Item description for Mary, Called Magdalene by Margaret George...
Overview Draws on the Bible and secular historical research to present a fictional portrait of Mary of Magdala as she becomes part of Jesus' circle of disciples and comes into a realization of her faith.
The "New York Times"-bestselling author of "Elizabeth I" brilliantly reimagines the story of the most mysterious woman in the Bible Was Mary Magdalene a prostitute, a female divinity figure, a church leader, or all of those? Biblical references to her are tantalizingly brief, but we do know that she was the first person to whom the risen Christ appeared--and the one commissioned to tell others the good news, earning her the ancient honorific, "Apostle to the Apostles." Today, Mary continues to spark controversy, curiosity, and veneration. In a vivid re-creation of Mary Magdalene's life story, Margaret George convincingly captures this renowned woman's voice as she moves from girlhood to womanhood, becomes part of the circle of disciples, and comes to grips with the divine. Grounded in biblical scholarship and secular research, this fascinating historical novel is also, ultimately, "the diary of a soul."
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Studio: Penguin (Non-Classics)
Est. Packaging Dimensions: Length: 8.51" Width: 5.5" Height: 1.45" Weight: 1.4 lbs.
Release Date May 27, 2003
Publisher Penguin (Non-Classics)
ISBN 0142002798 ISBN13 9780142002797 UPC 051488016007
Availability 9 units. Availability accurate as of Mar 22, 2017 10:17.
Usually ships within one to two business days from La Vergne, TN.
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More About Margaret George
Margaret George is the New York Times bestselling author of six novels of biographical historical fiction, including Elizabeth I; Helen of Troy; Mary, Called Magdalene; The Memoirs of Cleopatra; Mary Queen of Scotland and the Isles; and The Autobiography of Henry VIII. She also has coauthored a children's book, Lucille Lost.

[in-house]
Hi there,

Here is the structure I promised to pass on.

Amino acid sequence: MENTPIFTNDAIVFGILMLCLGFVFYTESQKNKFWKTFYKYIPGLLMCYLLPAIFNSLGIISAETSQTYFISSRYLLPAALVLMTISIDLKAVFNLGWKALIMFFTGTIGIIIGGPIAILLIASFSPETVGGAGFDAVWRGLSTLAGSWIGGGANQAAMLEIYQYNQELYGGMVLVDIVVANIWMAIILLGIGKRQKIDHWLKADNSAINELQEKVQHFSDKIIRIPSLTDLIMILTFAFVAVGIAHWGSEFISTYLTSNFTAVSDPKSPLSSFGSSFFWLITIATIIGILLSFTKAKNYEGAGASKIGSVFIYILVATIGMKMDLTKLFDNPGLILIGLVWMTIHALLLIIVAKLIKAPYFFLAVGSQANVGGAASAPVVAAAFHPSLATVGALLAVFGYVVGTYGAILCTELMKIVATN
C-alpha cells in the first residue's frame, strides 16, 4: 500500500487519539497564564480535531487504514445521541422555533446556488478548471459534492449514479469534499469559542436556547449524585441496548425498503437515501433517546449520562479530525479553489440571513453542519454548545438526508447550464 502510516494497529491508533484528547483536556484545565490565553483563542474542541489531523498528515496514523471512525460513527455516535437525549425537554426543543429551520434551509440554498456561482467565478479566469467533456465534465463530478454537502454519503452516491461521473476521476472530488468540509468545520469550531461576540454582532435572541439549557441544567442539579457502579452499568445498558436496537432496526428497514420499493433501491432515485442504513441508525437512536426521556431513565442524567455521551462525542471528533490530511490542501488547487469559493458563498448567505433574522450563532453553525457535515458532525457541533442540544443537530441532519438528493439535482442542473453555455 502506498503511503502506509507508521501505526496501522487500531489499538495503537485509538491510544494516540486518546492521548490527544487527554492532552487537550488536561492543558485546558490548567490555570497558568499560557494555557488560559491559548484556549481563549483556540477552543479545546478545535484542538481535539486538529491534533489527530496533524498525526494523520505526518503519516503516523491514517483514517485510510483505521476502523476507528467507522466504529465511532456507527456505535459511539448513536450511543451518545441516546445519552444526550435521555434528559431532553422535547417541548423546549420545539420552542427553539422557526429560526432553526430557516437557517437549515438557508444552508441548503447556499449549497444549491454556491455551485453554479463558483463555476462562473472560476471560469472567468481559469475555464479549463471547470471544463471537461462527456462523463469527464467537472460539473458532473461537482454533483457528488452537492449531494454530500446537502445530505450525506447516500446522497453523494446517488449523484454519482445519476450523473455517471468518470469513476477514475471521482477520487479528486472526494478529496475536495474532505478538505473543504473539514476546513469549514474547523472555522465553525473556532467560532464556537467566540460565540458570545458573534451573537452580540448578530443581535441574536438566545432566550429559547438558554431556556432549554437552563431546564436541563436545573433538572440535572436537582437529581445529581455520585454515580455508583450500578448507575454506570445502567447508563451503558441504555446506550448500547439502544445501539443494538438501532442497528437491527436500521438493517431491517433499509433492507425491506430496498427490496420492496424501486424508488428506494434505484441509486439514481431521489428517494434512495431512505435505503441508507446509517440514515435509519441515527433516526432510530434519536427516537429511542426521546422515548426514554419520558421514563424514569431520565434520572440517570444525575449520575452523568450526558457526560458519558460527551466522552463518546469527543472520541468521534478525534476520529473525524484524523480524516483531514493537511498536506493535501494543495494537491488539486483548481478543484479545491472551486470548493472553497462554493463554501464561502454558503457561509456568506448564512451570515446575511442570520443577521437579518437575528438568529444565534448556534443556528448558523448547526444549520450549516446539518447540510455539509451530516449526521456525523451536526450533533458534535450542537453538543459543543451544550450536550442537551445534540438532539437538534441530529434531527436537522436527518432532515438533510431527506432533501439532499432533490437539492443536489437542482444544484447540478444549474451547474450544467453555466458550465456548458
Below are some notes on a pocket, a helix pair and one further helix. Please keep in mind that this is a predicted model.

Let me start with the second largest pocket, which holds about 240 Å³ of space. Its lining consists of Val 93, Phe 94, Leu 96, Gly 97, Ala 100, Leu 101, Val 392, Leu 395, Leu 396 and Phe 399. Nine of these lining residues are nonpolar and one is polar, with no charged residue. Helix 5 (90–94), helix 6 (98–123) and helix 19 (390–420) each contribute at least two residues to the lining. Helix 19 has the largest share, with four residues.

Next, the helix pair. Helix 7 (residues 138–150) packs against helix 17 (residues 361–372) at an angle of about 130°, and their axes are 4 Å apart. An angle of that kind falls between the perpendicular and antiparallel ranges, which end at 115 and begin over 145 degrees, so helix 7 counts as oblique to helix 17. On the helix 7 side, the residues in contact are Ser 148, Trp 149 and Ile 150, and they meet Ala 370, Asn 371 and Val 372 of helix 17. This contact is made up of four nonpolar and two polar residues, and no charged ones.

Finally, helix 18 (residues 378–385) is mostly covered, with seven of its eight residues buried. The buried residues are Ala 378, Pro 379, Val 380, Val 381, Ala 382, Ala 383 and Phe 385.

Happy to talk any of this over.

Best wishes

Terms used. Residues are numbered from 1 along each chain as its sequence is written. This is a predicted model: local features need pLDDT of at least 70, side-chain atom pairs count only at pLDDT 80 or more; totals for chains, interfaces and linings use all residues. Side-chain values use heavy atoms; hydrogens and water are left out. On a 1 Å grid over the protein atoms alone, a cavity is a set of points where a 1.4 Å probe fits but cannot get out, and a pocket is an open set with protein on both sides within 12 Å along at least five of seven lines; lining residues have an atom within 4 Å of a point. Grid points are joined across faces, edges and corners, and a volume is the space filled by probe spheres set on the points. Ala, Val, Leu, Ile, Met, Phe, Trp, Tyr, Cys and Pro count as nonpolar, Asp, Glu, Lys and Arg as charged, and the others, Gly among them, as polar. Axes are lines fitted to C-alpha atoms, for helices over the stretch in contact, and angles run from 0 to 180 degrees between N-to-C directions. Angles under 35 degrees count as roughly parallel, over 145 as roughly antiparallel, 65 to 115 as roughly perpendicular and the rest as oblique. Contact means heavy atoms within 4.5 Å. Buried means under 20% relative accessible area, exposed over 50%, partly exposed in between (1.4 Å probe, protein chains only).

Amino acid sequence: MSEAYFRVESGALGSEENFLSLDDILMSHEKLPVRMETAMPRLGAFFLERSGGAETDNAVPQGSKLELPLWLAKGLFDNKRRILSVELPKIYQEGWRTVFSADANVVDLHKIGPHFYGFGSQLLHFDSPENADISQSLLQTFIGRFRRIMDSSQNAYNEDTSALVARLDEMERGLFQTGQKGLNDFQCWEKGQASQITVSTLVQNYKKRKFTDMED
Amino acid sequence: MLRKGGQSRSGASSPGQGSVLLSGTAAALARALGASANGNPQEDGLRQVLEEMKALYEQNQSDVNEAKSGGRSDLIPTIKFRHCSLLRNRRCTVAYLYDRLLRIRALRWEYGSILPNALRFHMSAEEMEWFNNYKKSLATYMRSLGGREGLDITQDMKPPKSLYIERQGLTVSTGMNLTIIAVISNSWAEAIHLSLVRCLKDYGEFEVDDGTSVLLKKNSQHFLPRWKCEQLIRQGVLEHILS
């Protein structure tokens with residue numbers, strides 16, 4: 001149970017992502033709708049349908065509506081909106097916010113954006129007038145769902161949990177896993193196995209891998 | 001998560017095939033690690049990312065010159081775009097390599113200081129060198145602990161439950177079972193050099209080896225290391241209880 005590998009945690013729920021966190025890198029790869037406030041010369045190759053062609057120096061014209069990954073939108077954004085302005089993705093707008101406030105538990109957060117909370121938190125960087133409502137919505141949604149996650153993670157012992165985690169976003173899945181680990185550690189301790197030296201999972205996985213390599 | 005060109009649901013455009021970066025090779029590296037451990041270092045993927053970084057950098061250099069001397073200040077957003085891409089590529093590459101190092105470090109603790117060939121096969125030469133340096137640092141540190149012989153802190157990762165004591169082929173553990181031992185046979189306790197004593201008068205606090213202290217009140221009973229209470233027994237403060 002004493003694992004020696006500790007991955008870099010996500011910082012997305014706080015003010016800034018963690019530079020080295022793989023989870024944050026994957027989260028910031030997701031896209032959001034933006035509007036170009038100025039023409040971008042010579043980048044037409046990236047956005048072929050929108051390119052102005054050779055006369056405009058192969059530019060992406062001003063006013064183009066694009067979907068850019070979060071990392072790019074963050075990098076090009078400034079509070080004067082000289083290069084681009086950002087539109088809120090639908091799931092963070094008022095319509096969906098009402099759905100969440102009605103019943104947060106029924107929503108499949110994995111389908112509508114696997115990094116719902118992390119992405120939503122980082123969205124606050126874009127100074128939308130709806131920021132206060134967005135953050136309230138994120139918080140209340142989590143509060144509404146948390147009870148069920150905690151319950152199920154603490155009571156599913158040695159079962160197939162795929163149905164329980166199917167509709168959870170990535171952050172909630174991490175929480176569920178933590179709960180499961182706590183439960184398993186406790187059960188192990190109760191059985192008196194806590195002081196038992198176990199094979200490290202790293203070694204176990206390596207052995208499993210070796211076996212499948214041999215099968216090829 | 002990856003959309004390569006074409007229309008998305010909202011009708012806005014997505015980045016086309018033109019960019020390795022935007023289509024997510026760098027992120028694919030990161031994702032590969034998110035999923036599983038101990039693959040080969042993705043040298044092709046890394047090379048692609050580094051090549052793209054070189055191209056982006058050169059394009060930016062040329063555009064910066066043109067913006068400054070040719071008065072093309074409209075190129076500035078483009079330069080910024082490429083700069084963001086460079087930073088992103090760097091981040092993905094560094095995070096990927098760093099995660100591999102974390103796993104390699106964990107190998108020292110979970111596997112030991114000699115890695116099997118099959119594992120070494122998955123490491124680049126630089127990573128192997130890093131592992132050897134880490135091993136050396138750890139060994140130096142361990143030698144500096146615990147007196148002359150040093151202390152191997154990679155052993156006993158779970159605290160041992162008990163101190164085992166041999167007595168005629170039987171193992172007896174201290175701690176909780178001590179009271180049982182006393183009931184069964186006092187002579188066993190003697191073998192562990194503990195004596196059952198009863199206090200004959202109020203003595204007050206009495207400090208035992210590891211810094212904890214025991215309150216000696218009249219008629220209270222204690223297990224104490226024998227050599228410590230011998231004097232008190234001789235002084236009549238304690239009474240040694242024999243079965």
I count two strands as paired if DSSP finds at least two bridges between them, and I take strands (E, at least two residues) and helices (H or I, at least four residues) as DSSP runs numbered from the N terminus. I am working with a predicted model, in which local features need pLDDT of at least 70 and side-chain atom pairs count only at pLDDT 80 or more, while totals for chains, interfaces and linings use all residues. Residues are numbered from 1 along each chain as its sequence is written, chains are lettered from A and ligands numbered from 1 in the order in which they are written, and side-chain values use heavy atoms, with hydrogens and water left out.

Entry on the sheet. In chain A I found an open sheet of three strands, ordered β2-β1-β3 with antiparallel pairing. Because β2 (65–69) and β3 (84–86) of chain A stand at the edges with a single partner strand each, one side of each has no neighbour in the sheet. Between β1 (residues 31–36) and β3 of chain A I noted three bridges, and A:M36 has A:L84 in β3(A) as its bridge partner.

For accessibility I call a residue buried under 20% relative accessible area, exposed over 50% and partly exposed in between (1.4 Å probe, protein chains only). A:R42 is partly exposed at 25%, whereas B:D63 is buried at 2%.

Margaret George currently resides in Madison, in the state of Wisconsin. Margaret George was born in 1943.
Reviews - What do customers think about Mary, Called Magdalene?
Extremely illustrative, but not exactly historical May 22, 2008
Despite what many other reviewers have said, despite my reservations about this book, which mirror some of theirs, I have to say that this is a truly inspiring read. If you divorce yourself from all of the enormous emotionality of discussing a topic that is so important to so many, it's just a great story. That said, having read her first three more historical novels, it is disappointing to me how little of the novel is based in fact, and is, according to her own afterword, invented completely by her.
As a non-Christian, unaware of even the most rudimentary facts of Jesus's ministry and time on Earth, I found it to be a very enjoyable way to get a feel for what was compelling about Jesus and how the birth of Christianity fit into the pervading social, political and religious backdrop. It was also interesting how matter-of-factly she dealt with things like demons, possession and visions, which are such "hard-sells" in American society today (I've often wondered if the messiah returned, or arrived, if he or she would be hard-pressed to stay out of a mental hospital in order to build a ministry as Jesus did).
If you are religious, and well-schooled in the history of Jesus's life and religion, I can imagine you would find a lot to dislike about this telling, but without all that background, there is some to be learned (although with caution, given all that she invented) and much to enjoy in the telling.
Moving Jan 14, 2008
I LOVED this book!!! Was my Lenten read last year! I have always been curious about Mary Magdalen and this book does her tremendous justice! I highly recommend it!
A Wonderful Historical Novel Aug 13, 2007
Margaret George was born in Nashville Tennessee. When not continuing research for her novels in such places as Egypt, Rome, Israel and England she lives with her husband in Madison, Wisconsin. She is the author of many best selling historical novel including The Memoirs of Cleopatra and the Autobiography of Henry VIII.